3. SST and surface baroclinicity within the KOE region

a. Wintertime climatologies of SST, SHF, LHF, and surface wind

Figure 1 shows the wintertime (December–March) climatological-mean fields of SST, surface turbulent heat fluxes (SHF and LHF combined), and surface wind, in addition to latitudinal profiles of SST, the heat fluxes, and their equatorward gradients, based on the satellite observations (Figs. 1a–c) and the ERA-Interim data in the HR period (Figs. 1d–f) and LR period (Figs. 1g–i). Both in the satellite observations and reanalysis, the monsoonal northwesterly winds prevail over the KOE region, inducing strong upward heat fluxes, especially along the warm KE. Both in the LR and HR periods, heat fluxes in ERA-Interim are slightly less than in the J-OFURO2 estimation, especially off the southeastern coast of Japan.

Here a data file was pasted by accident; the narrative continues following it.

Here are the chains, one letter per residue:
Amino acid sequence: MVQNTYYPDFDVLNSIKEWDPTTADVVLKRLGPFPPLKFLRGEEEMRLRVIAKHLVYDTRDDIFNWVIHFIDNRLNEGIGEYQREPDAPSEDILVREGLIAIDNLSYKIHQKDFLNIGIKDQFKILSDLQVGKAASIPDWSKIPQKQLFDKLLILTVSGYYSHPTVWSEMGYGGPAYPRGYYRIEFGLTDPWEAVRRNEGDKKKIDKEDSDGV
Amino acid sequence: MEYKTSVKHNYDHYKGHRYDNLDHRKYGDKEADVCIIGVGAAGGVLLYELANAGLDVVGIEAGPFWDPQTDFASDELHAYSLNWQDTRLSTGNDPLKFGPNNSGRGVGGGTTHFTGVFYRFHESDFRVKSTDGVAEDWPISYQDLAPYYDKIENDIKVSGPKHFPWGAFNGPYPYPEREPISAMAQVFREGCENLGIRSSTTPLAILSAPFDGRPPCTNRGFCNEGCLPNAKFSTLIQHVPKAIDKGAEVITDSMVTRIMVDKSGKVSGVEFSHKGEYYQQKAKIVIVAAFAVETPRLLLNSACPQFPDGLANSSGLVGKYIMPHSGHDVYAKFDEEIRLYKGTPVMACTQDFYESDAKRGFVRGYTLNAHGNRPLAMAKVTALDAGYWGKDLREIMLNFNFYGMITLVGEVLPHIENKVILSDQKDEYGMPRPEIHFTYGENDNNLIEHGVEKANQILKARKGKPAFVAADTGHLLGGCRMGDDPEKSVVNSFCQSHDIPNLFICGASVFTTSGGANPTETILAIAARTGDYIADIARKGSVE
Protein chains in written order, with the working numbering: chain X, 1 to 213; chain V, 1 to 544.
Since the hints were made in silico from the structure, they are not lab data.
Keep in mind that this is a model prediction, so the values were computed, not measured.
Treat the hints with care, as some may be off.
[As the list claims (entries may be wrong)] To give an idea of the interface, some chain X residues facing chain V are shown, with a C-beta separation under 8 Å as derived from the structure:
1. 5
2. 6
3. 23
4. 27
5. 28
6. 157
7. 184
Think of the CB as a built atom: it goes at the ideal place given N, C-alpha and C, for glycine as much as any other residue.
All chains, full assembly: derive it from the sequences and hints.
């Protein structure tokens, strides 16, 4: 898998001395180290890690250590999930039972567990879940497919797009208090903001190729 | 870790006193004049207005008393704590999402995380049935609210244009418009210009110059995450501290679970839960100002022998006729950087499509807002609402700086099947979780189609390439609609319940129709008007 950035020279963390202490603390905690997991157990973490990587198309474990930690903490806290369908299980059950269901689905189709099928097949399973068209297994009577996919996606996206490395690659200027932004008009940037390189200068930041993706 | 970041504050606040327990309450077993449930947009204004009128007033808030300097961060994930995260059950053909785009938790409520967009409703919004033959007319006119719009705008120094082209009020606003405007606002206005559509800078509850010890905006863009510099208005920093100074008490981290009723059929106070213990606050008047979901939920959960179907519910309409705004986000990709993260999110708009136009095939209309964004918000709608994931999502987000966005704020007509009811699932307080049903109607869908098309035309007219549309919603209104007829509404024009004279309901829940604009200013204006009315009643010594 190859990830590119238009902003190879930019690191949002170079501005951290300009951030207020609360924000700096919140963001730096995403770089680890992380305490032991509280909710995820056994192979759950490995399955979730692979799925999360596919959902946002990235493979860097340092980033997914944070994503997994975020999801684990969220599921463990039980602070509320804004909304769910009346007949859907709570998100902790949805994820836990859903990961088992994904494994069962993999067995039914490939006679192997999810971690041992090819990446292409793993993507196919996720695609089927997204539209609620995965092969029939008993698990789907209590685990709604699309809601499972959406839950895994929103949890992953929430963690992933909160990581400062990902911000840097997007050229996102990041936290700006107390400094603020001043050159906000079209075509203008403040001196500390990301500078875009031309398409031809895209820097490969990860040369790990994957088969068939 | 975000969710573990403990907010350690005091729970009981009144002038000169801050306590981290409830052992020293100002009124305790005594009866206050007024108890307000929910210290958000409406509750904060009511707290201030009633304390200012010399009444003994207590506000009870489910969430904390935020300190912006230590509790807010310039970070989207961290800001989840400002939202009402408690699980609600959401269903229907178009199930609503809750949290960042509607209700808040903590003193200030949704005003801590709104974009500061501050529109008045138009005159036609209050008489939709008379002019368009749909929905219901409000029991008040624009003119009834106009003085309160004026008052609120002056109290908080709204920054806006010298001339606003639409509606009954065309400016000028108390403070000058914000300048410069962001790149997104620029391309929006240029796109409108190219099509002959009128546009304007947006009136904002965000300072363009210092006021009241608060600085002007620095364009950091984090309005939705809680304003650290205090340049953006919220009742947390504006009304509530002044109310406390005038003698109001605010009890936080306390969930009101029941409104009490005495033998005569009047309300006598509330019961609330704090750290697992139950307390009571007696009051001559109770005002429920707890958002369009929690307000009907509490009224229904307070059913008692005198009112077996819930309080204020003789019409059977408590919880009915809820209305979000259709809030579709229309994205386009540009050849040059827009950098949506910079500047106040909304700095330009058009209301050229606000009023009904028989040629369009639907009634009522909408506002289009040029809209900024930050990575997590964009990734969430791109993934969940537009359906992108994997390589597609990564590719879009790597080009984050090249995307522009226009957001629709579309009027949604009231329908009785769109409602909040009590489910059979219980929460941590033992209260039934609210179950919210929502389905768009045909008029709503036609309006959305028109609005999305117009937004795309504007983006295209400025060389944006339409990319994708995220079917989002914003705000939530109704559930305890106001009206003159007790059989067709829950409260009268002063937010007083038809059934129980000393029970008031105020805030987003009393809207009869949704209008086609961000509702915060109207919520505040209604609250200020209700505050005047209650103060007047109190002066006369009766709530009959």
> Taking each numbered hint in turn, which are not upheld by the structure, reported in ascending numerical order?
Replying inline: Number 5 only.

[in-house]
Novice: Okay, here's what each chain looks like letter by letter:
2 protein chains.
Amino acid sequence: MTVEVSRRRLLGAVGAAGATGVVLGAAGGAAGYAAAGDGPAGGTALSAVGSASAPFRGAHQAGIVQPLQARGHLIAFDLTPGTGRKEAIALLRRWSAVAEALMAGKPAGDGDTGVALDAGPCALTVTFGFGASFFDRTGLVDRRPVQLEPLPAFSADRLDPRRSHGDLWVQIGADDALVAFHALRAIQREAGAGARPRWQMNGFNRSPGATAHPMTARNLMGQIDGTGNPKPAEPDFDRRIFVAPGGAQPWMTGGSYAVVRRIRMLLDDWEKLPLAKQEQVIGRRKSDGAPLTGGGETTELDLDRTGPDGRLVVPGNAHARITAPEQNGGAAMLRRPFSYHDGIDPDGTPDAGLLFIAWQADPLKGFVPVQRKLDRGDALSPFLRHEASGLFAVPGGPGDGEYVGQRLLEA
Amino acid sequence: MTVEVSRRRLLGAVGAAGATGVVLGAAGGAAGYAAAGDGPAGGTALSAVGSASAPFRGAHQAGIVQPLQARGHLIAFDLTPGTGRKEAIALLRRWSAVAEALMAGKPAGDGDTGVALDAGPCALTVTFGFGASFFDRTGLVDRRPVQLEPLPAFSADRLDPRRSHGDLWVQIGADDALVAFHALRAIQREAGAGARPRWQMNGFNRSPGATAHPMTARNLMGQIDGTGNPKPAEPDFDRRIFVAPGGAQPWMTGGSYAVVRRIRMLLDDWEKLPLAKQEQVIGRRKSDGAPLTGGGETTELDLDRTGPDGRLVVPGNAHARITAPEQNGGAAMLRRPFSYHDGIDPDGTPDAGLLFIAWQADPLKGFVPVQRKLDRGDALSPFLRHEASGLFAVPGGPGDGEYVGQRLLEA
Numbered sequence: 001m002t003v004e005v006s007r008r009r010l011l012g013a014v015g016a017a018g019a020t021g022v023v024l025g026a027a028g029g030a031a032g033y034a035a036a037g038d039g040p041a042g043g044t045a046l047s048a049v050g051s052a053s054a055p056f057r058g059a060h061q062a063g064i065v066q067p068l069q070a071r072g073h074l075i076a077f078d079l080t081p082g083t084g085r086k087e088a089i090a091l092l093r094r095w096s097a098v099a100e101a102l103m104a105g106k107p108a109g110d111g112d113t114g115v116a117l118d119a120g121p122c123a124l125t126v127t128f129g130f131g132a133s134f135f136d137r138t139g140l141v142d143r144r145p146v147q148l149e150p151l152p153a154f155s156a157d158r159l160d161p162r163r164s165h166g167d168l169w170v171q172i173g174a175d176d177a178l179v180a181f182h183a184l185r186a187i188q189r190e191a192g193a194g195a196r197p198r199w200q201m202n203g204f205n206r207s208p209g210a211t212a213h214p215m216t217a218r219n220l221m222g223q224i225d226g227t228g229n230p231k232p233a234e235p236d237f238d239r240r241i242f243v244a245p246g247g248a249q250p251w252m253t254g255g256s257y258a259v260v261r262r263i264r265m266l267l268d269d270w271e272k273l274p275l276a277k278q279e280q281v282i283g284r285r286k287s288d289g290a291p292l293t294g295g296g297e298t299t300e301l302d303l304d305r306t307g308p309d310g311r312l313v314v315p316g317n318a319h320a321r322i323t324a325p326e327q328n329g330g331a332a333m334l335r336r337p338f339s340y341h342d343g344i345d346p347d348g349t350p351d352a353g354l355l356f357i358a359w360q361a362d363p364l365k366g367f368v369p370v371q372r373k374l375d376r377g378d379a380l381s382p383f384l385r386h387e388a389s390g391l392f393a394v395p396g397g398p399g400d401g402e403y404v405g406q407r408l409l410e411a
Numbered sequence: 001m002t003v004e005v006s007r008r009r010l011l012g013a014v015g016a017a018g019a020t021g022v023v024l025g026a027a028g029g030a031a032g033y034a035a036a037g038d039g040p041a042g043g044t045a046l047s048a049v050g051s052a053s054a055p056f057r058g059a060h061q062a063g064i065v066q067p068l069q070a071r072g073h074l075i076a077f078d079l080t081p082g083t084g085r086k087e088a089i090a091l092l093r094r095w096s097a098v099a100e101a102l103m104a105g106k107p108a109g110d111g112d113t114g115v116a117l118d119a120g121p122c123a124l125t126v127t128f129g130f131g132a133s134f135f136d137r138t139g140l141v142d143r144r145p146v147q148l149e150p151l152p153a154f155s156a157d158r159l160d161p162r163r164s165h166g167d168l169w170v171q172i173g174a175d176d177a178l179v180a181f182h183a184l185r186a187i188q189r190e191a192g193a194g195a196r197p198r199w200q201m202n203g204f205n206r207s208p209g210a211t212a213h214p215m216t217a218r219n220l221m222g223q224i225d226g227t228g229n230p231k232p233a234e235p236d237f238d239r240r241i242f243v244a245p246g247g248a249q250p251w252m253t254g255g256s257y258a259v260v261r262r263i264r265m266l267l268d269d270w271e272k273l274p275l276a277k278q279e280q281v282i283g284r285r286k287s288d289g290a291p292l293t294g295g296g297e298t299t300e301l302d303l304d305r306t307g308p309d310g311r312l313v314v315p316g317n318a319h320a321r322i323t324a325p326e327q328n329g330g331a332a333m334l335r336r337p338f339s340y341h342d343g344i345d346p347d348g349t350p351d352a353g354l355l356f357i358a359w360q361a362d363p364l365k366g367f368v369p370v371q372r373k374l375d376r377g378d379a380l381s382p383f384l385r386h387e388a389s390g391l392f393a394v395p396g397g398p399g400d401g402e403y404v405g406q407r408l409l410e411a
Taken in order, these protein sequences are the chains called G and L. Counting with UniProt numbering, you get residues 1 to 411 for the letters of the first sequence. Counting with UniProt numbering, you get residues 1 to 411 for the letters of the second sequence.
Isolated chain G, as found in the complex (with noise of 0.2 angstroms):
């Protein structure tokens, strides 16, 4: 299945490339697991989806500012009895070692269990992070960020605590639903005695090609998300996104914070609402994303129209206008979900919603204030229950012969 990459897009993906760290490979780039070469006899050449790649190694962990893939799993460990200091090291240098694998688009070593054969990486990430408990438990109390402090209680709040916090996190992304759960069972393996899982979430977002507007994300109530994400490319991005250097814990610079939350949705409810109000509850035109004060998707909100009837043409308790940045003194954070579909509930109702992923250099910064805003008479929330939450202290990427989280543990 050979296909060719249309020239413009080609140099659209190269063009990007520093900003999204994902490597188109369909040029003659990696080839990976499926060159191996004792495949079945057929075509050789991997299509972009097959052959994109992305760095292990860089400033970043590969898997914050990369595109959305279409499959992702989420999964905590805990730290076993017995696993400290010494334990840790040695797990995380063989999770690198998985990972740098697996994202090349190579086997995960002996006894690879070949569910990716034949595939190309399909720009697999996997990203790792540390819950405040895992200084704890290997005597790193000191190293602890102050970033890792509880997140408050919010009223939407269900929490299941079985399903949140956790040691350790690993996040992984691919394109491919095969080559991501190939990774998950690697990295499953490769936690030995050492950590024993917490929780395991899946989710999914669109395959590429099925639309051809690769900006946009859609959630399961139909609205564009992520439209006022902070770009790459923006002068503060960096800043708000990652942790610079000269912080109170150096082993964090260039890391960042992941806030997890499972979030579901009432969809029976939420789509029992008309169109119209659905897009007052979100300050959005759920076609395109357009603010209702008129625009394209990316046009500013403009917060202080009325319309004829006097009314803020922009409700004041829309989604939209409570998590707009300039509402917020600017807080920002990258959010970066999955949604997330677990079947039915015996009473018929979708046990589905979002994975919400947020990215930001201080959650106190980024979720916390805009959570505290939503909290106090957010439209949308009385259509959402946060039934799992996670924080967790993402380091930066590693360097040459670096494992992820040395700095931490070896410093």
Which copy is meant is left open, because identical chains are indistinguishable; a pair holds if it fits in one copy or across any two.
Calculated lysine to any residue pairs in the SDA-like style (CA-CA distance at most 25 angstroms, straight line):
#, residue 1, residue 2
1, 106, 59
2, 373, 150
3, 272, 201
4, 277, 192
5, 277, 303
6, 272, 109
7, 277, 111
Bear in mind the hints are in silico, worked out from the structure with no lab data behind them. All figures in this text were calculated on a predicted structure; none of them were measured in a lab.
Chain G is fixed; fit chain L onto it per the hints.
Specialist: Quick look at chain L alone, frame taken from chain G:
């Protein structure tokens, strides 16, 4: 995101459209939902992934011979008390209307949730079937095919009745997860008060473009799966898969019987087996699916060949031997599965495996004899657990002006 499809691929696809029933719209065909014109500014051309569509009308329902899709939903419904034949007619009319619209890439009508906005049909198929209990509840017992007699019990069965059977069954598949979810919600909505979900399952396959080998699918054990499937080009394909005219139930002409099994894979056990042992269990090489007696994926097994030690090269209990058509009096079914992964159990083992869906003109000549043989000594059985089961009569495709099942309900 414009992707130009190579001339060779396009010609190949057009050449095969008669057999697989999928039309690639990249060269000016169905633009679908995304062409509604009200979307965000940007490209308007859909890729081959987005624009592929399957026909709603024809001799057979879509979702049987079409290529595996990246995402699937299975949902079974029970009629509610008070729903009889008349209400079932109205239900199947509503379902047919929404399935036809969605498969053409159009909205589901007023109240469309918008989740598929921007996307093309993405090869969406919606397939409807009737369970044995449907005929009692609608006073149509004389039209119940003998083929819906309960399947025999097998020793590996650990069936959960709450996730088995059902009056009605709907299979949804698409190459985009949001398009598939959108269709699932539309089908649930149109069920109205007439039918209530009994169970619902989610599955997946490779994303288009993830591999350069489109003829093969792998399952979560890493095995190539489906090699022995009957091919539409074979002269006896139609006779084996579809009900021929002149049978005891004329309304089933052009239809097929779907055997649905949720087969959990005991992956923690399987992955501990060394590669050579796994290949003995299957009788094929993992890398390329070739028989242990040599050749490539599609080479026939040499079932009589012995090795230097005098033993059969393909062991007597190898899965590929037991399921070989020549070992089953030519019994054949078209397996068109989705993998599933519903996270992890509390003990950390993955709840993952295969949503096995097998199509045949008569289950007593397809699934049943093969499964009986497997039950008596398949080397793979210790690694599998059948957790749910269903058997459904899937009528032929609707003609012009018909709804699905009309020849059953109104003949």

As highlighted in the meridional profile in Fig. 1c (black line), the OISST data indicate dual local maxima of equatorward SST gradient (dSSTdy), one corresponding to the Oyashio front (around 40°N) and the other to the KE front (around 36°N), and its local minimum in between that corresponds to the Kuroshio–Oyashio mixed water region. The J-OFURO2 heat fluxes are locally enhanced on the warmer flanks of these SST fronts (red line in Fig. 1b). Correspondingly, equatorward gradients of the heat fluxes also exhibit dual maxima that coincide with these SST fronts (red line in Fig. 1c). These features are insensitive to the period for averaging. Specifically, similar distributions can be obtained as the wintertime climatologies of the OISST and J-OFURO2 data for the period from December 1999 to December 2008 (i.e., virtually the same period as the averaging period for the SCOW data). The J-OFURO2 data are consistent with objectively analyzed turbulent heat fluxes based on the OAFlux data (Yu and Weller 2007) (not shown).